Conversations with America: Brian TurnerSEPTEMBER 27, 2008
- Brian Turner
- (Courtesy Brian Turner)
- Enlarge This Image
- Conversations with America: Concluding the Conversation
- Conversations with America: le thi diem thuy
- Conversations with America: Oliver Sacks
- Conversations with America: Annette Gordon-Reed
More From Brian Turner
More From Julia Barton
Every four years - if you discount the permanent campaign now always in the background - you get to hear the priorities of presidential candidates. The party platforms represent the direction a whole group of people want to steer our government. But maybe, we thought, here on the weekend there's a way to think more broadly about some of the issues facing our country. So we've asked some writers and thinkers what they believe should be on voters' minds as they cast their ballots. Our essay today comes from Iraq war veteran and poet Brian Turner.
In Iraq, I was an infantry team leader with the 3rd Stryker Brigade Combat Team, 2nd Infantry Division, from 2003 to 2004. Over the course of a year, my platoon conducted a wide range of missions, from raids to convoy escort to simply patrolling the streets on foot. And there is one incident I'd like to share today that happened early on: In December of 2003, at the fire-base where we lived, just off the Tigris river and near the town of Balad, not too far north of Baghdad.
I was manning the front gate when a minivan pulled up after nightfall. The van's interior light illuminated a dim scene - inside, three guys were frantically talking and trying to help someone I couldn't see. I called up one of our translators and soon realized that these Iraqis had come to us seeking medical attention; their friend had been shot and seriously wounded at a nearby American checkpoint. And no matter how much I wanted to help them, when I called up for guidance I was ordered to refer them to their local hospital. I remember that van as it pulled away. One of the men inside stared at me for a moment, his hands covered in another man's blood.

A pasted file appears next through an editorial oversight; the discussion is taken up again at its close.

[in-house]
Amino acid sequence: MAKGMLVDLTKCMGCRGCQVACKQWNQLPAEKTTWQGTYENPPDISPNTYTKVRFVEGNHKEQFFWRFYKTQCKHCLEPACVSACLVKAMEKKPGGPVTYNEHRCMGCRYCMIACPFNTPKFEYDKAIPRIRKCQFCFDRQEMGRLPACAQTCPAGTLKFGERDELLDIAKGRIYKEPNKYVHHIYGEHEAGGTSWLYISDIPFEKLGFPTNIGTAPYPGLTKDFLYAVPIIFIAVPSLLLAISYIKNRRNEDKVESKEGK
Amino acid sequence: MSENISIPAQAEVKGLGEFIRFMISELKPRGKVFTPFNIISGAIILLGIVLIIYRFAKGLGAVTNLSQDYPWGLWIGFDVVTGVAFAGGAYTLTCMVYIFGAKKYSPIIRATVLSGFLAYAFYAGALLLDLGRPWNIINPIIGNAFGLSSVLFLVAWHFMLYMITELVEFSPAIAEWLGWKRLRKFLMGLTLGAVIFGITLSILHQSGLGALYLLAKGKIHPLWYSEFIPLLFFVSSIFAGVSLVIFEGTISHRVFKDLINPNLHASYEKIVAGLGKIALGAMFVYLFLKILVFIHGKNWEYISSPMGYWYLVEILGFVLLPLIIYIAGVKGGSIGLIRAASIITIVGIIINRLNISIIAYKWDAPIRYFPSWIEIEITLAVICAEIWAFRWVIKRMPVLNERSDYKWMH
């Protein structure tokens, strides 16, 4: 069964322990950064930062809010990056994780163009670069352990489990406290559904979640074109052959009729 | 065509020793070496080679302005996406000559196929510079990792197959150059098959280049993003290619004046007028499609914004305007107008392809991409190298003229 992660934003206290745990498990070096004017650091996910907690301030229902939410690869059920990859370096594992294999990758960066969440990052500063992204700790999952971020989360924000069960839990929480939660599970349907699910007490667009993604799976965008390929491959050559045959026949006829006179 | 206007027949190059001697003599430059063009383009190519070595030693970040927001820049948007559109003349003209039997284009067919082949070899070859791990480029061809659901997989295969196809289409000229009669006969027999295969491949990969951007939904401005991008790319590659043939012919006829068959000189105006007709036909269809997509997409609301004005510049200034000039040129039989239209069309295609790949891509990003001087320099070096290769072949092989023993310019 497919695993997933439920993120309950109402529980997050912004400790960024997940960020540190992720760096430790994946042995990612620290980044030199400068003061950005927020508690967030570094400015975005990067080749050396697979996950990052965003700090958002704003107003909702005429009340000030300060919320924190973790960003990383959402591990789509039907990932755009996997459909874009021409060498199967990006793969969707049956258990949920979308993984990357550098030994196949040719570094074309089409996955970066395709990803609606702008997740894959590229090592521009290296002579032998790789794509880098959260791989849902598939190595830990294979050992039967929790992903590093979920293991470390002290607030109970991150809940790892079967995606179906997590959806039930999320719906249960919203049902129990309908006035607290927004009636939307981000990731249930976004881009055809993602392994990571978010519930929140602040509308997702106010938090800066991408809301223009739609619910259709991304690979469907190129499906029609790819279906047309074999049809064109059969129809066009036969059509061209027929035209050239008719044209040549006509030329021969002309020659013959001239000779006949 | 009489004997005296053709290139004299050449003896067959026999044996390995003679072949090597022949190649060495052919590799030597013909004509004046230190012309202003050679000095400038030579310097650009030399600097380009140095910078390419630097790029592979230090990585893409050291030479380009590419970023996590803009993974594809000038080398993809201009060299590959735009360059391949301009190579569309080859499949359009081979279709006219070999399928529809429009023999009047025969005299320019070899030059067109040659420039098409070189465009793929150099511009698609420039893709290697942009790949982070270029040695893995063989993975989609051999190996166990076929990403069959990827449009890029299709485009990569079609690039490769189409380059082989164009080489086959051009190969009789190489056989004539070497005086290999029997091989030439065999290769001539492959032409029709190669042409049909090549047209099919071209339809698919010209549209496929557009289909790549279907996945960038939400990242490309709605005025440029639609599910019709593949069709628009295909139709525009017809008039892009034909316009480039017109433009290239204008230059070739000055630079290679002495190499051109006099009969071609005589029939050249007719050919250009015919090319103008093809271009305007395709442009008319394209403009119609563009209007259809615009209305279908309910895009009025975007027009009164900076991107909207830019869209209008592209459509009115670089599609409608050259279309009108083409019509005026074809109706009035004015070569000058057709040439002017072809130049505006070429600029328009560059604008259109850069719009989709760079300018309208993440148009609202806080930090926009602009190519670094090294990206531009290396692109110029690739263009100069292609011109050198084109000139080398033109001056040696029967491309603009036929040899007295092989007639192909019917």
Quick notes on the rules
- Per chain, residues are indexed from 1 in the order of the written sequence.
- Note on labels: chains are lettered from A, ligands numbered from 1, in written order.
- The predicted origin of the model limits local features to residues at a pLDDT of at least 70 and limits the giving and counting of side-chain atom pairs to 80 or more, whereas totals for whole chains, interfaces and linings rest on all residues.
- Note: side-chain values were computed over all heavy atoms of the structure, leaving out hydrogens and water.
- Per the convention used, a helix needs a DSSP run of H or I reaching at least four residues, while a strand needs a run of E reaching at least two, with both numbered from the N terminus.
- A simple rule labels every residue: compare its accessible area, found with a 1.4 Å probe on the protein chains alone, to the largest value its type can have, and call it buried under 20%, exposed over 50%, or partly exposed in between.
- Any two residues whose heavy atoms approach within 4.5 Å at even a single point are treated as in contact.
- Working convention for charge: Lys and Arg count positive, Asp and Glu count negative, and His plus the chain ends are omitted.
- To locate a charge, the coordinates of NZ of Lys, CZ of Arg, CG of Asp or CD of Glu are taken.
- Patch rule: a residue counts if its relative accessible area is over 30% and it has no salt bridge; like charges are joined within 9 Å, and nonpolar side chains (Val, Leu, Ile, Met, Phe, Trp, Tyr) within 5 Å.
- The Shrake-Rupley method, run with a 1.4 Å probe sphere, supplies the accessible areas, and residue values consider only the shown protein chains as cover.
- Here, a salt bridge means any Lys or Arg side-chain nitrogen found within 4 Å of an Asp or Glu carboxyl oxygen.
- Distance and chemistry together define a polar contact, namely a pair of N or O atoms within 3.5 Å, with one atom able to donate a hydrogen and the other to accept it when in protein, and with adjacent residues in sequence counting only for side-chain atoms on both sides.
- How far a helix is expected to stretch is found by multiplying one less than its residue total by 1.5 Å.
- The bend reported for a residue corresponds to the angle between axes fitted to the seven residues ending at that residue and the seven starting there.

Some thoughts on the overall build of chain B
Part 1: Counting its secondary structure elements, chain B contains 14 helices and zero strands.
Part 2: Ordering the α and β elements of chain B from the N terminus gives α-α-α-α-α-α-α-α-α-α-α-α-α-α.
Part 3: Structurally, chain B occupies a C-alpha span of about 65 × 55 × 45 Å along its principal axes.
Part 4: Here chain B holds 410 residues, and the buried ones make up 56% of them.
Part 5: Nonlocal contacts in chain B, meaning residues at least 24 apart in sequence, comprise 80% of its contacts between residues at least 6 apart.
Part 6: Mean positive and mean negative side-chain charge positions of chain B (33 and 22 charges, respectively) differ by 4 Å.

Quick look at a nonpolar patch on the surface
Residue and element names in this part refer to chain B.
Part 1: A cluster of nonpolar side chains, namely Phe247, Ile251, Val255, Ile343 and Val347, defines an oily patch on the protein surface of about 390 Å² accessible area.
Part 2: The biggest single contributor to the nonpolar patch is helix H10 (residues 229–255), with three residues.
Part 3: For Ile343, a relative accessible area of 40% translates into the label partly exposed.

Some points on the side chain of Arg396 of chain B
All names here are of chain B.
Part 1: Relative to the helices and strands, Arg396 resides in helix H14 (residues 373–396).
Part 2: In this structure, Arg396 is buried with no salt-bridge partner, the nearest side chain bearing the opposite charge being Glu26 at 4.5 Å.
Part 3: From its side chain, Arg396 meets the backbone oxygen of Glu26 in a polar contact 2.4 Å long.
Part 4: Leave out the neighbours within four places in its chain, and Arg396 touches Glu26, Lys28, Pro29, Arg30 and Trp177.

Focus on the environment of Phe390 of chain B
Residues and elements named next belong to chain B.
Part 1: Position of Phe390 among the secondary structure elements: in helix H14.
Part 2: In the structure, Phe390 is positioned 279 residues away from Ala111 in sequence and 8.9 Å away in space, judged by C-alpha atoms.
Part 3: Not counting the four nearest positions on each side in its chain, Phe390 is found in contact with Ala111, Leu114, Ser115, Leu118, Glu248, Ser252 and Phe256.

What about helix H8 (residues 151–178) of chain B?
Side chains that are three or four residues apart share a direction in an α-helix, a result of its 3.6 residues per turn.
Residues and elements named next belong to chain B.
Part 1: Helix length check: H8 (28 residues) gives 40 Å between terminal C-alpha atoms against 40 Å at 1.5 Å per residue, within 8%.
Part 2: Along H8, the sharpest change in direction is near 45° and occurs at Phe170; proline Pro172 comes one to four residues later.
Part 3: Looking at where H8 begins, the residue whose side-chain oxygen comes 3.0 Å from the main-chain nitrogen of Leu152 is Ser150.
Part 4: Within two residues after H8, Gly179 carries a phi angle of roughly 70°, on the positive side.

Nearly five years have passed since then, and we've entered the last leg of the presidential election. It disturbs me that the wars in Iraq and Afghanistan are rarely a part of our national dialogue. If we do not see or hear of the war in news reports, that doesn't mean it's all basically over and ready to be written into a history book somewhere. Believe me, there are ten-year-old children in Iraq and Afghanistan who know what war is and will never rid it from their heads. And we now have a responsibility to them.
We have a responsibility to help the millions of Iraqis fleeing the war as refugees. It's a national embarrassment that Sweden has sheltered far, far more Iraqis than we have ourselves, and with little help from us. Because we invaded Iraq, we have a responsibility to those who have died there, as well as those who have been wounded or psychologically traumatized. Just as Ted Koppel once read the names of the brave Americans who sacrificed their lives in this war, we must one day read out the roll-call of the Iraqi dead. And that list is incredibly long. Of the studies done so far, even the very lowest figure for the death toll in Iraq is a number which staggers the imagination. We have a responsibility to respect the sovereign government of Iraq and to follow their guidelines for a timely and smartly conducted withdrawal. We also have a responsibility to our own soldiers and to those living in these war zones to discuss the wars in Iraq and Afghanistan without boiling the conversation down into simplified phrases like "winning the war." There is no "winning" here, only gradations of loss and the great need to begin the slow process of healing and rebuilding.
This isn't a football game where we cheer only for our team. Voters need to force the real issues and ensure that the candidates - as well as those who support them - confront the deep and difficult questions we have before us. In terms of Iraq and Afghanistan, I want to know: What will they do, specifically, to help the wounded veterans we now have returning home? What will they do to aid the countries of Iraq and Afghanistan in their efforts to rebuild and chart a new course?
If we shirk these responsibilities, our moral standing among the community of nations will rightfully slip in the world, even further than it has already. I don't want our nation to feel as I felt that night in Iraq, nearly five years ago, when the wounded came to me for help and I turned them away.
- Music Bridge:
- How Do You Really Feel
- Artist: Breakestra
- CD: Hit The Floor (Ubiquity)